The key for Brown is finding the perfect middle ground between riding Embiid hard every night and babying his 7-foot-2 star to the detriment of the team. With the playoffs finally in sight after five seasons of processing, that’s going to be one of Brown’s greatest challenges in the home stretch.  

Rookie of the Year down to 2 and Ben Simmons' odds slipping

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Rookie of the Year down to 2 and Ben Simmons' odds slipping

Donovan Mitchell continues to creep closer to Ben Simmons in the NBA Rookie of the Year race, and the gap in Bovada's odds for the two is as close as it's been all season.

Simmons is now -250 to win the award, meaning a $250 wager is required to win $100. 

Mitchell is at +170, meaning a $100 wager wins you $170.

In the most recent odds update in January, Simmons was at -650; Mitchell was +400.

It's a clear two-man race at this point.
 
Simmons is averaging 16.4 points, 7.8 rebounds, 7.3 assists, 1.9 steals and 0.9 blocks this season. No player in recorded history has hit all five criteria in the same season.

Mitchell, however, has been on fire for the NBA's hottest team. The Jazz have won 11 straight games to test the Pelicans for the 8-seed, and over that span, Mitchell has averaged 21.3 points, albeit on 41 percent shooting.

For the season, Mitchell is at 19.6 points, 3.5 rebounds, 3.5 assists and 1.5 steals. He's made 35.4 percent of his threes and 83.6 percent of his free throws.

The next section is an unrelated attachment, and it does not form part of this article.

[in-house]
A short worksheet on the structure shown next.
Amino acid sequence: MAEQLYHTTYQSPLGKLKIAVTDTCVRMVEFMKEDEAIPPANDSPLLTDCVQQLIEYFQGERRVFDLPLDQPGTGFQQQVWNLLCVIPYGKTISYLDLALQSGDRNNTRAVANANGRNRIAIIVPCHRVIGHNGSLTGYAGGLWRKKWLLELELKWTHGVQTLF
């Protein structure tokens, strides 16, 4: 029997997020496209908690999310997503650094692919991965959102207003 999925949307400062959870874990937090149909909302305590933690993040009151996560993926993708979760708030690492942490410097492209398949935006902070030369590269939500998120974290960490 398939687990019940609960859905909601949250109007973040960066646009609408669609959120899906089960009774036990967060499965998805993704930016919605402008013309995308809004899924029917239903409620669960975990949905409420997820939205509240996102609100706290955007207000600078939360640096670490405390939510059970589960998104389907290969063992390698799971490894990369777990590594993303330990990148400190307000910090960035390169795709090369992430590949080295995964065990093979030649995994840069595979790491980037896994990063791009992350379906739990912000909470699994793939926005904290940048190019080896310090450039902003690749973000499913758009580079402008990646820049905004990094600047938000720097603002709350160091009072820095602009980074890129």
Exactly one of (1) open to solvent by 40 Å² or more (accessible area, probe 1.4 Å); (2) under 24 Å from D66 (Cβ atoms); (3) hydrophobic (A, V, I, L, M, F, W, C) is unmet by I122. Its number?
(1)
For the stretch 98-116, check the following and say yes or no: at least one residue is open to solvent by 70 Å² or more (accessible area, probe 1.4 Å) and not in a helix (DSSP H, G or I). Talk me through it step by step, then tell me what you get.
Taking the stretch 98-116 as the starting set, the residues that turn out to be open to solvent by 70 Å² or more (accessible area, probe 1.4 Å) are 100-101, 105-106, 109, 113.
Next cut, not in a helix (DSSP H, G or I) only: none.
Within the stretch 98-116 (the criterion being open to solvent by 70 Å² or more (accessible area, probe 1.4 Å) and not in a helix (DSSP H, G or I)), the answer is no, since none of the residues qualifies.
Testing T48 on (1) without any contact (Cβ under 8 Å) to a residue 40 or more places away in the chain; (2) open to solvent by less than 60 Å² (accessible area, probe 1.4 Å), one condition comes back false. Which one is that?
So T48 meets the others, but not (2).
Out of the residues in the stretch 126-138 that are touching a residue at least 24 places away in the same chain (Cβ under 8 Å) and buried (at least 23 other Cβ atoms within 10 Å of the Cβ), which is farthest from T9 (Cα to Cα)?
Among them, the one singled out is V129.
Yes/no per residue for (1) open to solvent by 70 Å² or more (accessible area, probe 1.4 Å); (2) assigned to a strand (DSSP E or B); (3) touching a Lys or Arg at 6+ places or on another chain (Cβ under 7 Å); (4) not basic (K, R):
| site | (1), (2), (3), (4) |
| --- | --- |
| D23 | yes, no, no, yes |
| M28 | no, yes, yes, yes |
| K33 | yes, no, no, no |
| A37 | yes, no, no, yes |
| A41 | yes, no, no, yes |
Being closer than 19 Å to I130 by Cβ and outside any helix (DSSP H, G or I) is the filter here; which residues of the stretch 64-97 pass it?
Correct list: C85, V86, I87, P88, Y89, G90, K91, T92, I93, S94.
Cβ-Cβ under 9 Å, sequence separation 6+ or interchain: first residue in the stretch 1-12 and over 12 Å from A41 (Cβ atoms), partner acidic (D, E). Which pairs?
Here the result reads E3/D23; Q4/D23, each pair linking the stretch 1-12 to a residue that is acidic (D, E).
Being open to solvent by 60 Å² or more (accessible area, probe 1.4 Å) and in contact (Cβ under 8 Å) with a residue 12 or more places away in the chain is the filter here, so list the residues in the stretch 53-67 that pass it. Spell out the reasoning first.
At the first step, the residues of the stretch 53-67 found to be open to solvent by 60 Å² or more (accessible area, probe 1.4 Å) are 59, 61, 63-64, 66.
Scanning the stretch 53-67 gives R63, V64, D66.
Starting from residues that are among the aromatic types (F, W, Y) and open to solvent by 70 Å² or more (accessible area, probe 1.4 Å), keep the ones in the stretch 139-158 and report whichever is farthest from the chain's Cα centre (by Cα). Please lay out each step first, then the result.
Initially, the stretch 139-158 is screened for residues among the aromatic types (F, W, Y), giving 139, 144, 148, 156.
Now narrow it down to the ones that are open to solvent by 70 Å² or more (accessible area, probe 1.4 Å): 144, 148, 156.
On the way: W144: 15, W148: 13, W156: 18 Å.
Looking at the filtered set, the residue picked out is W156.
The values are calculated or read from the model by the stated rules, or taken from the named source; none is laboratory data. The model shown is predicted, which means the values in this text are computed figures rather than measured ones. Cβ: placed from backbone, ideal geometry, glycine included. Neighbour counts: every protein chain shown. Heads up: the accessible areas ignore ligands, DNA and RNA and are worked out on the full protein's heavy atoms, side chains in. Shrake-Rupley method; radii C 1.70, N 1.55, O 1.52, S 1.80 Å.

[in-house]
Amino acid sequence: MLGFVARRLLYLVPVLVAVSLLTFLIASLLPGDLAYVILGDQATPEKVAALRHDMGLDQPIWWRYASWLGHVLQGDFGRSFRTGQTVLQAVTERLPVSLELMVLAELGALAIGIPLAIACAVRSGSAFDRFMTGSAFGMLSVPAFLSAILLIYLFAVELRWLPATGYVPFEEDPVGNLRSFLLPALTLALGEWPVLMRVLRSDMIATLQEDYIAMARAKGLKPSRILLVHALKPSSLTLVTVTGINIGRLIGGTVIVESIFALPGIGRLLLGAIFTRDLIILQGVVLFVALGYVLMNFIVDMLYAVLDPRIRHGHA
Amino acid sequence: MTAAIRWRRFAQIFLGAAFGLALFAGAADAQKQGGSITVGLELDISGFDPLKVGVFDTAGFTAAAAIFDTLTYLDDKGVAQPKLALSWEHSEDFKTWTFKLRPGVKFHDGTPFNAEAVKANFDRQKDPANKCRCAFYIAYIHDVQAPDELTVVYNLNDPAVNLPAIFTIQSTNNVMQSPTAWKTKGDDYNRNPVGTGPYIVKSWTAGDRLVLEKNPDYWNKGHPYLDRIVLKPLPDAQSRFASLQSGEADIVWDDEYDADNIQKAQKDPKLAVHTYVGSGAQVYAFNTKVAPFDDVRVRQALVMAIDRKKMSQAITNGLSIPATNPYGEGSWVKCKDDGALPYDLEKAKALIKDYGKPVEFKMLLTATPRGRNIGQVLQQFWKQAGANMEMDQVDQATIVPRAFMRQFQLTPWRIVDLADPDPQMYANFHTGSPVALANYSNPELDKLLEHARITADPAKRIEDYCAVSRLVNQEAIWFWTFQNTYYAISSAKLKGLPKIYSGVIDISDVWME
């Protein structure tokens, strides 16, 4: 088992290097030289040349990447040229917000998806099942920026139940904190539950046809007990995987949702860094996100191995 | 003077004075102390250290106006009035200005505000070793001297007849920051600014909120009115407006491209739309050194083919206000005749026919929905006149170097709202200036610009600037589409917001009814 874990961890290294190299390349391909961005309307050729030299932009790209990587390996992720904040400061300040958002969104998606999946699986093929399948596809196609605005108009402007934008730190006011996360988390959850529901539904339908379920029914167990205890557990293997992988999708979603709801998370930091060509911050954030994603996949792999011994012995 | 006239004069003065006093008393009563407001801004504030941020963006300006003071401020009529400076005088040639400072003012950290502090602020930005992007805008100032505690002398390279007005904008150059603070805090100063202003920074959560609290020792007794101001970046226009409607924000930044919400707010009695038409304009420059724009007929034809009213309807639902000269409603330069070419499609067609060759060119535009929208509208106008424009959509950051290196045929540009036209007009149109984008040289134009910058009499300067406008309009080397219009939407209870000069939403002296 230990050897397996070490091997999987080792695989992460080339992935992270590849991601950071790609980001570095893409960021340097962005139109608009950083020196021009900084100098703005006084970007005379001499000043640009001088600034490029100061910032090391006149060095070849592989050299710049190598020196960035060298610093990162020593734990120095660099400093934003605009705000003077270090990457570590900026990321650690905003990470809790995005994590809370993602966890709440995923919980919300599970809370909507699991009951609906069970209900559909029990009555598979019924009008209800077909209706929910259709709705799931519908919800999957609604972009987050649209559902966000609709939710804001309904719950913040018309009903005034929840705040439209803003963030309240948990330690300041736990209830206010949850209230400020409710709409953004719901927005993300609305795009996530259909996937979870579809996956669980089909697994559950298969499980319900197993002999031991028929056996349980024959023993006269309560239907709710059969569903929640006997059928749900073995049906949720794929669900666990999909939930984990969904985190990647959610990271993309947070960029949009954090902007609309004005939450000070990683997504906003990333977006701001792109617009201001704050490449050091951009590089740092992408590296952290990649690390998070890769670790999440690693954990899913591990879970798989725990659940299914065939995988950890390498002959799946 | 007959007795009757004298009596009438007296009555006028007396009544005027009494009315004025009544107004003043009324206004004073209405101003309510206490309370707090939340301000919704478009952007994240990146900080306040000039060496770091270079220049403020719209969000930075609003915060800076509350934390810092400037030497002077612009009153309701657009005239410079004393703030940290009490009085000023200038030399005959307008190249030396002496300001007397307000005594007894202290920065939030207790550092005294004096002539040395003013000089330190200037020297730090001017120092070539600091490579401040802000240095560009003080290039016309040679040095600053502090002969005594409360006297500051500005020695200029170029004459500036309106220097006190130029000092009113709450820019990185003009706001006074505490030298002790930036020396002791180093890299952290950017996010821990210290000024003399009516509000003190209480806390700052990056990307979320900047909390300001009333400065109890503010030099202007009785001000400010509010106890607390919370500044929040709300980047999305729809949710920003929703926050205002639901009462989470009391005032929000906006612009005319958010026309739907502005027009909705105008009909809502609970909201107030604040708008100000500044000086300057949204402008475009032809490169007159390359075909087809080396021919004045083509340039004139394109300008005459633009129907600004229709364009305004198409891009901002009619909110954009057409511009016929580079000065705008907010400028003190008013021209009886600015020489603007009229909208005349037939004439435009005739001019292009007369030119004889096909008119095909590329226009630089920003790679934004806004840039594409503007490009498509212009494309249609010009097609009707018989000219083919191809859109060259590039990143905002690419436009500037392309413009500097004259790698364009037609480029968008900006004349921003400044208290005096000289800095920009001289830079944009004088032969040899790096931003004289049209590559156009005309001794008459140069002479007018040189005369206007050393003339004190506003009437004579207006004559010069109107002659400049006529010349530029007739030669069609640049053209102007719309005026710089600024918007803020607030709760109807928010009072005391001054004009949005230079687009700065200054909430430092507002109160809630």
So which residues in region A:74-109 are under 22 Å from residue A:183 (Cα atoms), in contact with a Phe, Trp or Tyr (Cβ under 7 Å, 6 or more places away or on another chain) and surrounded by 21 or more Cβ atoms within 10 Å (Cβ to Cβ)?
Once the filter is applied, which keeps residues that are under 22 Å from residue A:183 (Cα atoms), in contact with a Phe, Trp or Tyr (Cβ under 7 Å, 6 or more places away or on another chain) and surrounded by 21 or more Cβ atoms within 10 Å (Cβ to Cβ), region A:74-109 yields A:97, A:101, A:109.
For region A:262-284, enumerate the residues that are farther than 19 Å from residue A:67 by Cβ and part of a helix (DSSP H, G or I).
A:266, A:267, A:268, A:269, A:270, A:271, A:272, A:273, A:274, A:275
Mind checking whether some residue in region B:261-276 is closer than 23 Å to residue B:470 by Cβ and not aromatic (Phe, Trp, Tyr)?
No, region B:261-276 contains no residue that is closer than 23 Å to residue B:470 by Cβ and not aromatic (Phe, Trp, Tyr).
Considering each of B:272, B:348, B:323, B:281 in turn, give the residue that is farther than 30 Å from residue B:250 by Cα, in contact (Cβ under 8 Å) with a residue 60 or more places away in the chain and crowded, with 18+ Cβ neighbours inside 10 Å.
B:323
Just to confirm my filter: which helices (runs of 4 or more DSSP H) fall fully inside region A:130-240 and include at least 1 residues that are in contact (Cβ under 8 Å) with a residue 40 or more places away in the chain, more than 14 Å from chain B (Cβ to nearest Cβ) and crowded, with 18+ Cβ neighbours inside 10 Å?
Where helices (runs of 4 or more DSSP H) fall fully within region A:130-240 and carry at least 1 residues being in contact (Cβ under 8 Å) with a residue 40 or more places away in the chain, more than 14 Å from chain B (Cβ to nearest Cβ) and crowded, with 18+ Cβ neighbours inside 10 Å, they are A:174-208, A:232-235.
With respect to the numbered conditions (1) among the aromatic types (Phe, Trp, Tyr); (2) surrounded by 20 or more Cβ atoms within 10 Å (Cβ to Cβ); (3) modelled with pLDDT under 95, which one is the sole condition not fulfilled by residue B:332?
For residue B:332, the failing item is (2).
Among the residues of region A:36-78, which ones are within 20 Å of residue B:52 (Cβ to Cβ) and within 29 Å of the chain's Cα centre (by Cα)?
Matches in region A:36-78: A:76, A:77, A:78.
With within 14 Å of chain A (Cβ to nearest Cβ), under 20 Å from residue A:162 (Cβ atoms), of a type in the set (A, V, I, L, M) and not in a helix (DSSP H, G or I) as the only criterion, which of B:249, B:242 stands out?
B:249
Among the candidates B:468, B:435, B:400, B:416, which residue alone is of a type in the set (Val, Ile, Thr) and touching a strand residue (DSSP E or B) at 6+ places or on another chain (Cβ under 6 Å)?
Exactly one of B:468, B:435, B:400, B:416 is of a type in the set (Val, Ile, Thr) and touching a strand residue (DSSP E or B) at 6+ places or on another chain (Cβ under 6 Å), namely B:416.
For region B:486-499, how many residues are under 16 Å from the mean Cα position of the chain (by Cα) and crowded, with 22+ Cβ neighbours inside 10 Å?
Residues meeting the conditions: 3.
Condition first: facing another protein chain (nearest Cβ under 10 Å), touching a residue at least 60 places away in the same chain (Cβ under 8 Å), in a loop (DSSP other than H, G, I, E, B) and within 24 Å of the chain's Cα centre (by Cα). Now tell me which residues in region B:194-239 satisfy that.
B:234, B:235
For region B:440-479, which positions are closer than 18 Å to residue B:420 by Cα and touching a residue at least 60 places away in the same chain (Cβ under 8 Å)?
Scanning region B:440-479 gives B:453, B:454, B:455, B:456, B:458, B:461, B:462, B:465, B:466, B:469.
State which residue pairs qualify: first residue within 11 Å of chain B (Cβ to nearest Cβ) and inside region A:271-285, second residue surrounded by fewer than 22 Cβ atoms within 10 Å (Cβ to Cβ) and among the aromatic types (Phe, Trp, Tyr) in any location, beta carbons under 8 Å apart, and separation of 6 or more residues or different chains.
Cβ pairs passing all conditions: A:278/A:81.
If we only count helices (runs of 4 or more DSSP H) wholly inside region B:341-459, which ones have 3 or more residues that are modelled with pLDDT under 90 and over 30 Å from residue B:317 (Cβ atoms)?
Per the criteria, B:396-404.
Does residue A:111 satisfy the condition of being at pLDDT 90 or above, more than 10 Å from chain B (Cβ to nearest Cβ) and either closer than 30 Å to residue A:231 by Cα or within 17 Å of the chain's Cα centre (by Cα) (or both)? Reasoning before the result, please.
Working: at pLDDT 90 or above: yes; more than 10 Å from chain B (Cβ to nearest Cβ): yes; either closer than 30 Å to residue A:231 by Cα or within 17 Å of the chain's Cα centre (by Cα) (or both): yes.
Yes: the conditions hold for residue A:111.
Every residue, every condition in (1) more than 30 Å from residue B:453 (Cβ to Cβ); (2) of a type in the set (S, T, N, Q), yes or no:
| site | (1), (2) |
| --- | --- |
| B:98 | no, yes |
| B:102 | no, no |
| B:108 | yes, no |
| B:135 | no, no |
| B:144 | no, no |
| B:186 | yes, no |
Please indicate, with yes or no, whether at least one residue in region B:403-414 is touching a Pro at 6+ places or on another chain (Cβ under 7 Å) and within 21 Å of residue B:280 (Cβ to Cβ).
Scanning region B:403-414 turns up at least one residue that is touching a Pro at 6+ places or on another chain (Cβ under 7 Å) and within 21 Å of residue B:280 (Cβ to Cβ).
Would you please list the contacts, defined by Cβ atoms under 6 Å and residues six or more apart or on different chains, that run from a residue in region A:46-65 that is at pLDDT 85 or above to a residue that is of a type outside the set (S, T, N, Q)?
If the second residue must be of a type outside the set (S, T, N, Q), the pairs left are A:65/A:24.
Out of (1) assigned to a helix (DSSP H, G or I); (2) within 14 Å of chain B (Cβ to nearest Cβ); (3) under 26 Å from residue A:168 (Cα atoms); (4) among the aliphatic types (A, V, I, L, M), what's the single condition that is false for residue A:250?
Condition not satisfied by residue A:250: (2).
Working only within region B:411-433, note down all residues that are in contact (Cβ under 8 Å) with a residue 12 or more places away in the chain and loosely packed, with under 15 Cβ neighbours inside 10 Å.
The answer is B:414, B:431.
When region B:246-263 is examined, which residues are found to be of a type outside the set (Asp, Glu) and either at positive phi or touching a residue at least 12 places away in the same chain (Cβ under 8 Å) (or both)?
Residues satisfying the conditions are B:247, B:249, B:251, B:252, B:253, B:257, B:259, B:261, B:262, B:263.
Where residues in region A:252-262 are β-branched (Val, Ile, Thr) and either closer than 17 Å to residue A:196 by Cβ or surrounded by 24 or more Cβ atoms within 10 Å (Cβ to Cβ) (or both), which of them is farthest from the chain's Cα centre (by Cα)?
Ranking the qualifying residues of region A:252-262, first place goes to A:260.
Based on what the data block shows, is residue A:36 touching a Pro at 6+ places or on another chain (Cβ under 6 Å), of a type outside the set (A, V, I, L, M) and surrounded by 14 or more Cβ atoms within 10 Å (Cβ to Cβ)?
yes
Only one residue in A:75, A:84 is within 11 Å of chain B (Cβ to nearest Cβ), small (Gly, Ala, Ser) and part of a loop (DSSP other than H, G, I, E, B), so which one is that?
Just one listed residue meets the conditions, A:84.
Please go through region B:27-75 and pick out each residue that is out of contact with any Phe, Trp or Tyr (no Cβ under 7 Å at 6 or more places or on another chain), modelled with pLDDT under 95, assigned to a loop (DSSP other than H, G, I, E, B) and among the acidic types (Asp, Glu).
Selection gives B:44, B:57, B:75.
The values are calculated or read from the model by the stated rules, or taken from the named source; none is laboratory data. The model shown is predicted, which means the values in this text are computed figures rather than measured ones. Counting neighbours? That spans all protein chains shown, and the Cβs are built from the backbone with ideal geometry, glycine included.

Both are stars in the making, but it's worth noting that the Jazz are playing better than they have all season and Simmons is still the favorite. Where Utah ends up will be a determining factor in the Rookie of the Year race — if the Jazz can somehow end up the 7-seed in a loaded West, arguments for Mitchell will grow louder.

Both Simmons and Mitchell were two of five guests this week on NBA TV's Open Court: Rookies Edition. Interesting talking points from the special: 

• Mitchell referenced former Sixer Jrue Holiday as an under-the-radar tough player to guard, saying he watches film of Holiday every day.

• Simmons recalled LeBron attacking him frequently in the first quarter of their first meeting, saying he wasn't surprised LeBron wanted to send a message by going right at him.

• The Morris twins were mentioned by Simmons and Jayson Tatum when asked about the most imposing players in the league. Everyone cited DeMarcus Cousins.

• Simmons downplayed the importance of his NBA redshirt season, saying you don't really know what it's like to play back to back and deal with the hectic travel schedule until you're involved in it every day.